Cupid's Pulse Article: Solo Parenting: Divorce with ChildrenCupid's Pulse Article: Solo Parenting: Divorce with Children

By Cynthia MacGregor for Hope After Divorce

Celebrity moms Tori Spelling and Kendra Wilkinson are both contemplating divorce due to their unfaithful husbands Dean McDermott and Hank Baskett. They have a lot to consider and process before making the life-changing decision to divorce. Not only will it change their own lives, but it will change their children’s lives. They say divorce changes who children are — and that’s a very serious reality we parents must not take lightly. A second chance is certainly worth the effort when kids are concerned, as long as there is no abuse happening (physical, emotional, or mental) in the home.

If Spelling and Wilkinson do end up divorcing their husbands, here is a reality check of what they will be facing as divorced parents with young children. Learning to respectfully co-parent together is essential for the well-being of their kids.

Now that you’re divorced — or perhaps you’re still going through the legalities of the divorce process, but at any rate, you and your husband no longer share a roof or a bed — the dynamics of your family have changed. Whether you have one child or more, it’s just you and your child or children, and you’ve likely become aware that they’re interacting with you in different ways than before.

Related Link: Keep Talking to Your Kids After Divorce

How? Well, actually there are several possibilities, but they mainly fall into two categories. One is that they seem to be clingy and staying closer to you than ever before. The other is that they are distancing themselves from you. How can two opposite reactions result from the same circumstances? Easy! Different personalities perceive the divorce with different sets of eyes…and, accordingly, react differently.

Clingy: Kids who fall into this group are afraid that you’ll leave him too. Being self-centered, a child will perceive the divorce in terms of Daddy having left him rather than this being between Dad and you. The child will cling tightly to you to avoid this fear.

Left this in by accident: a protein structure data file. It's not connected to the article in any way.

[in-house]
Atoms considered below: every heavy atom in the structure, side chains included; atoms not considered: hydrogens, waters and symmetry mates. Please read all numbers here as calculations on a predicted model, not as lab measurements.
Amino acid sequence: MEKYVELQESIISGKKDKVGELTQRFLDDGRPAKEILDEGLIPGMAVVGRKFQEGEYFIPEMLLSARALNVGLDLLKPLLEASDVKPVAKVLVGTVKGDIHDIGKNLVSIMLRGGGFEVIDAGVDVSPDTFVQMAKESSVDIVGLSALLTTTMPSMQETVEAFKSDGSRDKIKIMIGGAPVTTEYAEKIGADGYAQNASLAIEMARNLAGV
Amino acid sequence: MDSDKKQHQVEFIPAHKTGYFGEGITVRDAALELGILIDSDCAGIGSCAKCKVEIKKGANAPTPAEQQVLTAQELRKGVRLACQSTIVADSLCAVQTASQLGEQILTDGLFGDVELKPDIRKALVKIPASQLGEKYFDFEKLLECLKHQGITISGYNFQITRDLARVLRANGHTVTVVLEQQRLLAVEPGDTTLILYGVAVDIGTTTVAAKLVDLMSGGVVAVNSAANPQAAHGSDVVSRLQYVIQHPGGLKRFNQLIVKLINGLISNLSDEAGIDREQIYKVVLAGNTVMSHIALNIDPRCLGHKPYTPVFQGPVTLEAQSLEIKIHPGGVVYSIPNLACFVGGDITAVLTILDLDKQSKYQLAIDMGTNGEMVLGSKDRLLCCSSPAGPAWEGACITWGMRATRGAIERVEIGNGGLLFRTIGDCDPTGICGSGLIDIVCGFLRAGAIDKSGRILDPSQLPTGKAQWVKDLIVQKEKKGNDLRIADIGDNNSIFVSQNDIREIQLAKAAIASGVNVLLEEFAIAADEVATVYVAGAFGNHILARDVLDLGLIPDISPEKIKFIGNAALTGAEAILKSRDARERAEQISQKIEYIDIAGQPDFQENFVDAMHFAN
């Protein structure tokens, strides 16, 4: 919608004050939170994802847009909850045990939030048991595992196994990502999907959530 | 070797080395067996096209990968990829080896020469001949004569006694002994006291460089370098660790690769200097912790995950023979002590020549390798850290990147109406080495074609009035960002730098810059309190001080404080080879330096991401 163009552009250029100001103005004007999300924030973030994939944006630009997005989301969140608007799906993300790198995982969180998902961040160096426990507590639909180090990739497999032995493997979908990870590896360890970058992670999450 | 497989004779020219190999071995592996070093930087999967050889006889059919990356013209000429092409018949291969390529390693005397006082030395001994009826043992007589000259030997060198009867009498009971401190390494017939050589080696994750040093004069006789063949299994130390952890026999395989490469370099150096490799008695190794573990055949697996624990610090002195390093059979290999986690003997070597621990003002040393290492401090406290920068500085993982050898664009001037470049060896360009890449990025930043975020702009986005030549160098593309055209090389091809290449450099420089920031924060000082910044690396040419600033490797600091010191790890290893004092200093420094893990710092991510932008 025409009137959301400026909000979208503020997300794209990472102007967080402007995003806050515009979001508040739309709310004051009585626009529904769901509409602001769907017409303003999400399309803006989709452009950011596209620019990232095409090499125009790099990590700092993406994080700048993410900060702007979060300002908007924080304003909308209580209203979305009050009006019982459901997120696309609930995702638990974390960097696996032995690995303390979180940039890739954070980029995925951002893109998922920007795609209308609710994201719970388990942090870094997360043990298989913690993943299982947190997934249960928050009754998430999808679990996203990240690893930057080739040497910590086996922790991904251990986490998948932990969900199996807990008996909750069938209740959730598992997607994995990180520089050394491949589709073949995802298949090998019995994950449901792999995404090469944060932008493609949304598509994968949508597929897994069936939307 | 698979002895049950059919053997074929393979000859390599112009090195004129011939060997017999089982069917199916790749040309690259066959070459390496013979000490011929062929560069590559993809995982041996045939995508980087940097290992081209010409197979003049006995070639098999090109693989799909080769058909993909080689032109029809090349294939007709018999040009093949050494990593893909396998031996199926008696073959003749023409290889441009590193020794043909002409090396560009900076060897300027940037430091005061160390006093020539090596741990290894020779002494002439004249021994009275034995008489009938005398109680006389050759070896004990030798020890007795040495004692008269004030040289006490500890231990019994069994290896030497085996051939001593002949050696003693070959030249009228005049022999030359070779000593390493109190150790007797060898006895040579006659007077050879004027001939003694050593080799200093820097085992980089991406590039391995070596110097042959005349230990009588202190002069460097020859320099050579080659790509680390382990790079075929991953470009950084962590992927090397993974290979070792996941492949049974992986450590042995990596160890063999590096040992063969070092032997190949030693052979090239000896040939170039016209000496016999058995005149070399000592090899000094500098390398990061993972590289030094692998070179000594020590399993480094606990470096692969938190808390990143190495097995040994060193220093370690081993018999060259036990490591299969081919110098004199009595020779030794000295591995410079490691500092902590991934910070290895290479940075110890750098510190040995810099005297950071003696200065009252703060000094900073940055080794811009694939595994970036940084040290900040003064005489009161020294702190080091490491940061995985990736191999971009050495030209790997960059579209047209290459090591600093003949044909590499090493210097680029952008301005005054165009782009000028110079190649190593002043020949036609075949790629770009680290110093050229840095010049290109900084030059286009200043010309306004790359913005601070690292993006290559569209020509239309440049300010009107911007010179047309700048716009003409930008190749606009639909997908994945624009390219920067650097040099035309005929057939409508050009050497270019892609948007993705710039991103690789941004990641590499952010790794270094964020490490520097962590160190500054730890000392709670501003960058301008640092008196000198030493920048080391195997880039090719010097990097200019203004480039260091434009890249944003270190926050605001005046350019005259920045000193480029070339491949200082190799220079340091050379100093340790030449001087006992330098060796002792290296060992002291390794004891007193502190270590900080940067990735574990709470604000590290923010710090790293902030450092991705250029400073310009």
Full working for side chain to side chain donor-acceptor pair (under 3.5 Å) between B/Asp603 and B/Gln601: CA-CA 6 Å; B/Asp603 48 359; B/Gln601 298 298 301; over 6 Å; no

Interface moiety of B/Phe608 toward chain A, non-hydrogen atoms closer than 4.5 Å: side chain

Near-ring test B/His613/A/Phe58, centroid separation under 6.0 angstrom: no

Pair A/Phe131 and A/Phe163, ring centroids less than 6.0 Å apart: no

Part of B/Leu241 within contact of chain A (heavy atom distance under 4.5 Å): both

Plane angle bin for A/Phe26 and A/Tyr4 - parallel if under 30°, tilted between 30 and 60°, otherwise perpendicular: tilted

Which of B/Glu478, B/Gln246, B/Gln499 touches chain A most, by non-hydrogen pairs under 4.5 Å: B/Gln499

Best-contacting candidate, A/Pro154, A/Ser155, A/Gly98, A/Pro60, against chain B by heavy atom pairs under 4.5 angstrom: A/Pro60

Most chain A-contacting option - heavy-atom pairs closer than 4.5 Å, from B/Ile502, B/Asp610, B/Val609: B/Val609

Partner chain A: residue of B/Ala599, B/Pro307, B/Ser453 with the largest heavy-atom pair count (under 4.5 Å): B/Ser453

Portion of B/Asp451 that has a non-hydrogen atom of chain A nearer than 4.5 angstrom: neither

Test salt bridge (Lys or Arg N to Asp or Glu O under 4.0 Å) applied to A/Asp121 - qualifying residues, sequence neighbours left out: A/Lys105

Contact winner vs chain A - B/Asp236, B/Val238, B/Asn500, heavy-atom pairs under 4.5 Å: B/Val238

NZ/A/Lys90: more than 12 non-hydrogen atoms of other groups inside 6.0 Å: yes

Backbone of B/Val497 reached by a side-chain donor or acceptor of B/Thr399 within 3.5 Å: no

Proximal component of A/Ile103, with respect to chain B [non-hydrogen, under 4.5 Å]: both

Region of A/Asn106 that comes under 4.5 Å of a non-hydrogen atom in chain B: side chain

Distancing: Again, the child perceives the divorce in terms of Daddy having left him and is afraid you’ll leave him next, but this child, having a different personality, distances himself from you rather than clings to you. His methodology is to get used to losing you before it happens, so that when you leave him, it won’t catch him by surprise and hurt as badly as when Daddy left.

Then, there is the child — typically a little older — who comprehends that the divorce was between you and Daddy but blames you for making Daddy leave. This child will distance himself from you out of anger.

The child may also act out as well as being cold and distant because he is testing you. He is trying to see if you will leave if he does his best to push you away. He doesn’t really want you to leave; he’s just testing you to see if you will.

Related Link: Source Says Kendra Wilkinson Is Going ‘Back and Forth’ About Divorce Decision

Togetherness: A few visits to a good therapist who specializes in children or families may be in order, but there are things you can do on your own as well.

  •  Have another talk with the child. Kids don’t always “get” the concept of divorce the first time it’s explained to them. Your child needs to understand that Daddy didn’t “leave him” and that, even if you were the one who asked for the divorce, it’s not as cut-and-dry as “it’s your fault.” And above all, he needs to understand that you’re not going to leave him — ever.
  • Get involved in a project with the child. Any kind of project will do: scrapbooking, redecorating his room, a knitting or crochetinng project, or a gardening project — anything that will have you two working closely together.
  • Be yourself, unchanged and unchanging. Show the child through your actions that you are still Mom. You are still loving; you have not changed; and you are not going anywhere — no matter what happens and no matter how the child behaves.

Time will help heal the situation. You can do your part to make it better too. As with so much else in parenting, patience is called for, but by now, you should be an old hand at that.

Cupid's Pulse Article: Solo Parenting: Divorce with ChildrenCynthia MacGregor is a multi-published author. She has over 100 books to her credit. They include “After Your Divorce,” “Divorce Helpbook for Kids,” “Divorce Helpbook for Teens,” “Solo Parenting,” “’Step This Way,” and others. Forthcoming books include “The One-Parent Family,” “Why Are Mommy and Daddy GettingDivorced,” and “Daddy Doesn’t Live Here Anymore.” She hosted and produced the TV show “Solo Parenting,” which was broadcasted in South Florida over WHDT. Cynthia writes for, and Contact Cynthia at